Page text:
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United States v. Graham

United States District Court, N.D. California

July 9, 2014

UNITED STATES OF AMERICA, Plaintiff-Respondent,
v.
TREVOR GRAHAM, Defendant-Petitioner.

ORDER DENYING DEFENDANT'S PETITION FOR WRIT OF CORAM NOBIS

SUSAN ILLSTON, District Judge.

A petition by defendant Trevor Graham, represented by counsel, for writ of coram nobis pursuant to 28 U.S.C. § 1651(a) is scheduled to be heard on July 11, 2014. Docket No. 262. The Court determines that this matter is appropriate for resolution without oral argument and VACATES the hearing. Having considered the arguments of the parties and the papers submitted, the Court hereby DENIES defendant's petition.

BACKGROUND

On June 8, 2004, as part of the government's investigation into Balco Laboratories, Inc. ("Balco") and Victor Conte, Jr., two Internal Revenue Service - Criminal Investigation Division ("IRS - CID") agents interviewed defendant at his attorney's office in Raleigh, North Carolina. Docket No. 262 Exs. A-B. On November 2, 2006, defendant was indicted for three counts of making false statements to a government agency in violation of 18 U.S.C. § 1001(a)(2) based upon statements he made during the June 8, 2004 interview. Docket No. 1. The first count of the indictment charged defendant with falsely stating "that he never set up any of his athletes with drugs obtained from" Angel "Memo" Heredia. Id. ¶ 11. The second count charged defendant with falsely stating "that he had never met [Heredia] in person." Id. ¶ 13. The third count charged defendant with falsely stating "that he last contacted [Heredia] via a phone call in approximately 1997." Id. ¶ 15. On May 29, 2008, a jury found defendant guilty of count three but was unable to reach a unanimous verdict on the first two counts. Docket Nos. 187-188.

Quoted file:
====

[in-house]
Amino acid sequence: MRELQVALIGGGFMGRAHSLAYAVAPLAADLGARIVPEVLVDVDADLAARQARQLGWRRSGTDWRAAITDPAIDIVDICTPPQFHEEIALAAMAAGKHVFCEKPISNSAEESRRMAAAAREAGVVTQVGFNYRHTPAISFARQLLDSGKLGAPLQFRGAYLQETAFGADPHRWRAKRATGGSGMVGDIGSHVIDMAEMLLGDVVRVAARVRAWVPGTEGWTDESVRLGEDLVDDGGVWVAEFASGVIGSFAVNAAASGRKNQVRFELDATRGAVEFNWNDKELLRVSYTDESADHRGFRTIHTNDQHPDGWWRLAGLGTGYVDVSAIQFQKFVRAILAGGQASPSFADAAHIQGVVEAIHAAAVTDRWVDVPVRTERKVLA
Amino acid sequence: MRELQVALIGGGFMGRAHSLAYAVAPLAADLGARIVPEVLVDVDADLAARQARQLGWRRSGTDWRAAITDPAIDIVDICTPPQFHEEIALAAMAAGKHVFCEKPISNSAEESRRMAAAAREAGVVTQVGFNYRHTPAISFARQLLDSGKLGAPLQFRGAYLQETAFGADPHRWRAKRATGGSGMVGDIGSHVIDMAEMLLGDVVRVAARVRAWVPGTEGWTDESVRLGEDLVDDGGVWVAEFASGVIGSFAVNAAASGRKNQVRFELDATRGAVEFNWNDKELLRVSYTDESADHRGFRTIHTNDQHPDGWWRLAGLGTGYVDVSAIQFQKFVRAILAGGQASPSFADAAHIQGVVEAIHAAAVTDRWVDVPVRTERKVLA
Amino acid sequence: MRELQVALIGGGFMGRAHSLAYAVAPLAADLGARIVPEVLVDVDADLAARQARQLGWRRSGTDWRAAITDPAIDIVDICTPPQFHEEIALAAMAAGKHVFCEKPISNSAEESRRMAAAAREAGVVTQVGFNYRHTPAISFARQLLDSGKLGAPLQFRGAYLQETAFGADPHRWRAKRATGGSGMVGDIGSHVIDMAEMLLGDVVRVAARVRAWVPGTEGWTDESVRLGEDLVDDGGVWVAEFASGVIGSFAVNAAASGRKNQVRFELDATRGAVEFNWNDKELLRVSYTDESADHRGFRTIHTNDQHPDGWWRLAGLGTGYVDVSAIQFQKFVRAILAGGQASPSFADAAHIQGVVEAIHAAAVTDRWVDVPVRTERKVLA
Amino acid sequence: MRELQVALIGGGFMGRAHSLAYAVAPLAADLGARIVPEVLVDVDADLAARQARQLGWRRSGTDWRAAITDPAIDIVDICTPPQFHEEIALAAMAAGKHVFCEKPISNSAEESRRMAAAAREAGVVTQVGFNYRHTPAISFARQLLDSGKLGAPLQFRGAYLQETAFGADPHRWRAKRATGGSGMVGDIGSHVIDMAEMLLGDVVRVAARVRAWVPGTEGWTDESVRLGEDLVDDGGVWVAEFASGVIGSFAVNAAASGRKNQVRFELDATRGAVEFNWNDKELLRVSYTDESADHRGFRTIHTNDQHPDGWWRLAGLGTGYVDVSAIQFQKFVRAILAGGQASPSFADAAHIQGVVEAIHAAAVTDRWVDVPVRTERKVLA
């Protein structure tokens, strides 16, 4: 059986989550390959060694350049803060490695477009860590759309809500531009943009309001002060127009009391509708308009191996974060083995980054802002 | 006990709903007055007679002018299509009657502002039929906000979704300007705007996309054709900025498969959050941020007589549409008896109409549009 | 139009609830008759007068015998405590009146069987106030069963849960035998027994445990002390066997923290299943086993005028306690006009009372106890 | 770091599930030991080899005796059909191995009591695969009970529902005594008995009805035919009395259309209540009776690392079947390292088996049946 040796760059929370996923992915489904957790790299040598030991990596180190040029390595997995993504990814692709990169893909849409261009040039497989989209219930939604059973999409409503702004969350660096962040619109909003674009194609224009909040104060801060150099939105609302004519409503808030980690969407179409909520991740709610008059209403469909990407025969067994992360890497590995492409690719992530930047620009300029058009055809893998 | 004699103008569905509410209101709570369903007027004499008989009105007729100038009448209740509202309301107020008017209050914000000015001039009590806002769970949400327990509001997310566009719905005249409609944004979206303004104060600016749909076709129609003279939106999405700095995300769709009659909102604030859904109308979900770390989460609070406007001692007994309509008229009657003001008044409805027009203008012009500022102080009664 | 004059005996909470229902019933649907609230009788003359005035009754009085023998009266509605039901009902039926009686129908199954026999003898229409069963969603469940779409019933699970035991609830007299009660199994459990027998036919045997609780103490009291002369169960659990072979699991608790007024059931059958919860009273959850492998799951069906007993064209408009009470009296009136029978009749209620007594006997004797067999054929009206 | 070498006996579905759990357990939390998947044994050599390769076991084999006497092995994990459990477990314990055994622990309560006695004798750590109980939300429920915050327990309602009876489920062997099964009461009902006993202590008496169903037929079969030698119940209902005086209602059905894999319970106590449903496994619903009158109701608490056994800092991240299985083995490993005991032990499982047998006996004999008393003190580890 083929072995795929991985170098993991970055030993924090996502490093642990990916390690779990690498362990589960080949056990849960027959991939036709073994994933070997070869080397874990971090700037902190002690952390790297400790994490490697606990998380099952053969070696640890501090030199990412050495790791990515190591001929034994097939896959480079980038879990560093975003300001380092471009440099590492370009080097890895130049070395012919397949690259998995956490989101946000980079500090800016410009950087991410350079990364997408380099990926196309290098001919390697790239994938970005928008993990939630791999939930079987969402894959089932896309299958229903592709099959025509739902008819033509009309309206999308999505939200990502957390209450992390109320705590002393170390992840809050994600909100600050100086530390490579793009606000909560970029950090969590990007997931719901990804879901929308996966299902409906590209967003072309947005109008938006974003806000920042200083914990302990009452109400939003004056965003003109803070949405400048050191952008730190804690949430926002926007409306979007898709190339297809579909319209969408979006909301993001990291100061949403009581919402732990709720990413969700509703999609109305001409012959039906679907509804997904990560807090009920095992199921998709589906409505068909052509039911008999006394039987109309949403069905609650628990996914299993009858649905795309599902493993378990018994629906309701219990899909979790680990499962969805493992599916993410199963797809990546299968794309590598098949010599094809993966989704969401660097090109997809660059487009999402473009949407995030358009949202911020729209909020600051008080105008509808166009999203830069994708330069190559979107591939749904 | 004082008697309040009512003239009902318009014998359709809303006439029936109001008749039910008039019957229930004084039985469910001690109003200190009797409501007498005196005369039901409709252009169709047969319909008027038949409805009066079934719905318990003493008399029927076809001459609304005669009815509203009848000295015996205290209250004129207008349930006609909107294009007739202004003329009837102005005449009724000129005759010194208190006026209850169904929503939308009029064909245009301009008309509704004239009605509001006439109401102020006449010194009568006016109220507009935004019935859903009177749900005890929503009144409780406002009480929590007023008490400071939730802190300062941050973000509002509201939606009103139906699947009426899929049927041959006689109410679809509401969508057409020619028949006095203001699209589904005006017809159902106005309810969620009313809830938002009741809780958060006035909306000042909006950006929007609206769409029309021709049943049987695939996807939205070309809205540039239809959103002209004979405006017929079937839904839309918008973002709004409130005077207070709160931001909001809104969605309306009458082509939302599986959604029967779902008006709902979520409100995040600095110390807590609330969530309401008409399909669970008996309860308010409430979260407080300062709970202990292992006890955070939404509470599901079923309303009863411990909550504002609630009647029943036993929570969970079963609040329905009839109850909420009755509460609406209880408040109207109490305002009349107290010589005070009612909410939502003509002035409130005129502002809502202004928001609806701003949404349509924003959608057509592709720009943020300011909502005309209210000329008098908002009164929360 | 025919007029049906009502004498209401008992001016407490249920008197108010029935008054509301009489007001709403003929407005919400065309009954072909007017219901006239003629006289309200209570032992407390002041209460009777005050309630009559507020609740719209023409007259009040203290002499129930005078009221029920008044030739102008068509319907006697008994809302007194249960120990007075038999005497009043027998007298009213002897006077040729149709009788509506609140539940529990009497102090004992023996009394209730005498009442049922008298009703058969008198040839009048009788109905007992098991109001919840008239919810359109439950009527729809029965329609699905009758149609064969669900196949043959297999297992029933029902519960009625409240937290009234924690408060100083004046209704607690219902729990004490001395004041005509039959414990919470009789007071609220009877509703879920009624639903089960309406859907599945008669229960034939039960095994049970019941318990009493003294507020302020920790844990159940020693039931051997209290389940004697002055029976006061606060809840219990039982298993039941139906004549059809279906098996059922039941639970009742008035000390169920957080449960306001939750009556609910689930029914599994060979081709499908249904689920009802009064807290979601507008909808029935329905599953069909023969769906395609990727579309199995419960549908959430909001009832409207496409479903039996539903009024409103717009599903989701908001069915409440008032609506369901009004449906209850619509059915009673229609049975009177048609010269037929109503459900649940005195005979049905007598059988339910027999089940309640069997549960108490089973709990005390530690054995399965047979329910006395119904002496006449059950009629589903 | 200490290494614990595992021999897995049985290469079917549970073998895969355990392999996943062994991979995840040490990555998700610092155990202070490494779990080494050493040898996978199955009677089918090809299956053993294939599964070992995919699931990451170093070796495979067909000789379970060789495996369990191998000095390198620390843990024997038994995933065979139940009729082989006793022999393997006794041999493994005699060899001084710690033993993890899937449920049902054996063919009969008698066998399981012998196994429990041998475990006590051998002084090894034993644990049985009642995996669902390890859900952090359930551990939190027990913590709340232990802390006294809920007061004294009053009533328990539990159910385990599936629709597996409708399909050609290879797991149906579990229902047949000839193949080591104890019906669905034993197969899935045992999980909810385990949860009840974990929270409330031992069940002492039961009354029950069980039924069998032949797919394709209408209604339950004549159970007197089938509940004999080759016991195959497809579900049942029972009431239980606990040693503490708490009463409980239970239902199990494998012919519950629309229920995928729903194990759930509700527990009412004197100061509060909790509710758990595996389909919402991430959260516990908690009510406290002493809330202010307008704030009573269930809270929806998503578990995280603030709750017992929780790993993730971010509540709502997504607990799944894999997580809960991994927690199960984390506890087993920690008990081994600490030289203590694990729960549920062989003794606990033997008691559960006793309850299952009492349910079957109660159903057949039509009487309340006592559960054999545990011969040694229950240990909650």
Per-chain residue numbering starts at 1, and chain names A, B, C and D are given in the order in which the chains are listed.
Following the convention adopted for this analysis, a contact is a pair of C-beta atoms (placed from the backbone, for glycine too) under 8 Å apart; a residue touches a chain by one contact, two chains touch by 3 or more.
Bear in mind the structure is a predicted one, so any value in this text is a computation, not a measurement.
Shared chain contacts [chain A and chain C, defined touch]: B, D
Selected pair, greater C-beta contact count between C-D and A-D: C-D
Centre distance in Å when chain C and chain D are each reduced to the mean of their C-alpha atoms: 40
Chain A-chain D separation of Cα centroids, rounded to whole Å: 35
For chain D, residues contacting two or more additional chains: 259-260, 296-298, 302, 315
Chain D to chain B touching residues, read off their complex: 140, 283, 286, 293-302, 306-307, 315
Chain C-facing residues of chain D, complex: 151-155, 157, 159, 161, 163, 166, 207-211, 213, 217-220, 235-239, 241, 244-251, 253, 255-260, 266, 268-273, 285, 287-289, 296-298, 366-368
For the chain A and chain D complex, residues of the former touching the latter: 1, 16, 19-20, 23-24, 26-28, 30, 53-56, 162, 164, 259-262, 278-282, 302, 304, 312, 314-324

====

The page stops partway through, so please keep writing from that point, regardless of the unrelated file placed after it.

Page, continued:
On June 20, 2008, defendant filed a motion for judgment of acquittal pursuant to Federal Rule of Criminal Procedure 29. Docket No. 196. On July 21, 2008, the Court denied defendant's motion for judgment of acquittal. Docket No. 207. Also on July 21, 2008, the parties filed an agreement whereby defendant agreed to waive his right to appeal his conviction, but not his sentence, as to count three and agreed to waive his right to collaterally attack his conviction on count three at any time, except for a claim that his right to the effective assistance of counsel was violated.[1] Docket No. 206 ¶¶ 3-4. In exchange, the government agreed not to retry counts one and two and to move to dismiss counts one and two against defendant. Id. ¶ 5. On August 13, 2008, the Court dismissed counts one and two of the indictment without prejudice. Docket No. 210. On October 22, 2008, the Court entered judgment against defendant on count three and sentenced defendant to five years probation. Docket No. 224. On November 4, 2008, the Court entered an amended judgment, and on November 12, 2008, the Court entered a second amended judgment. Docket Nos. 228, 229.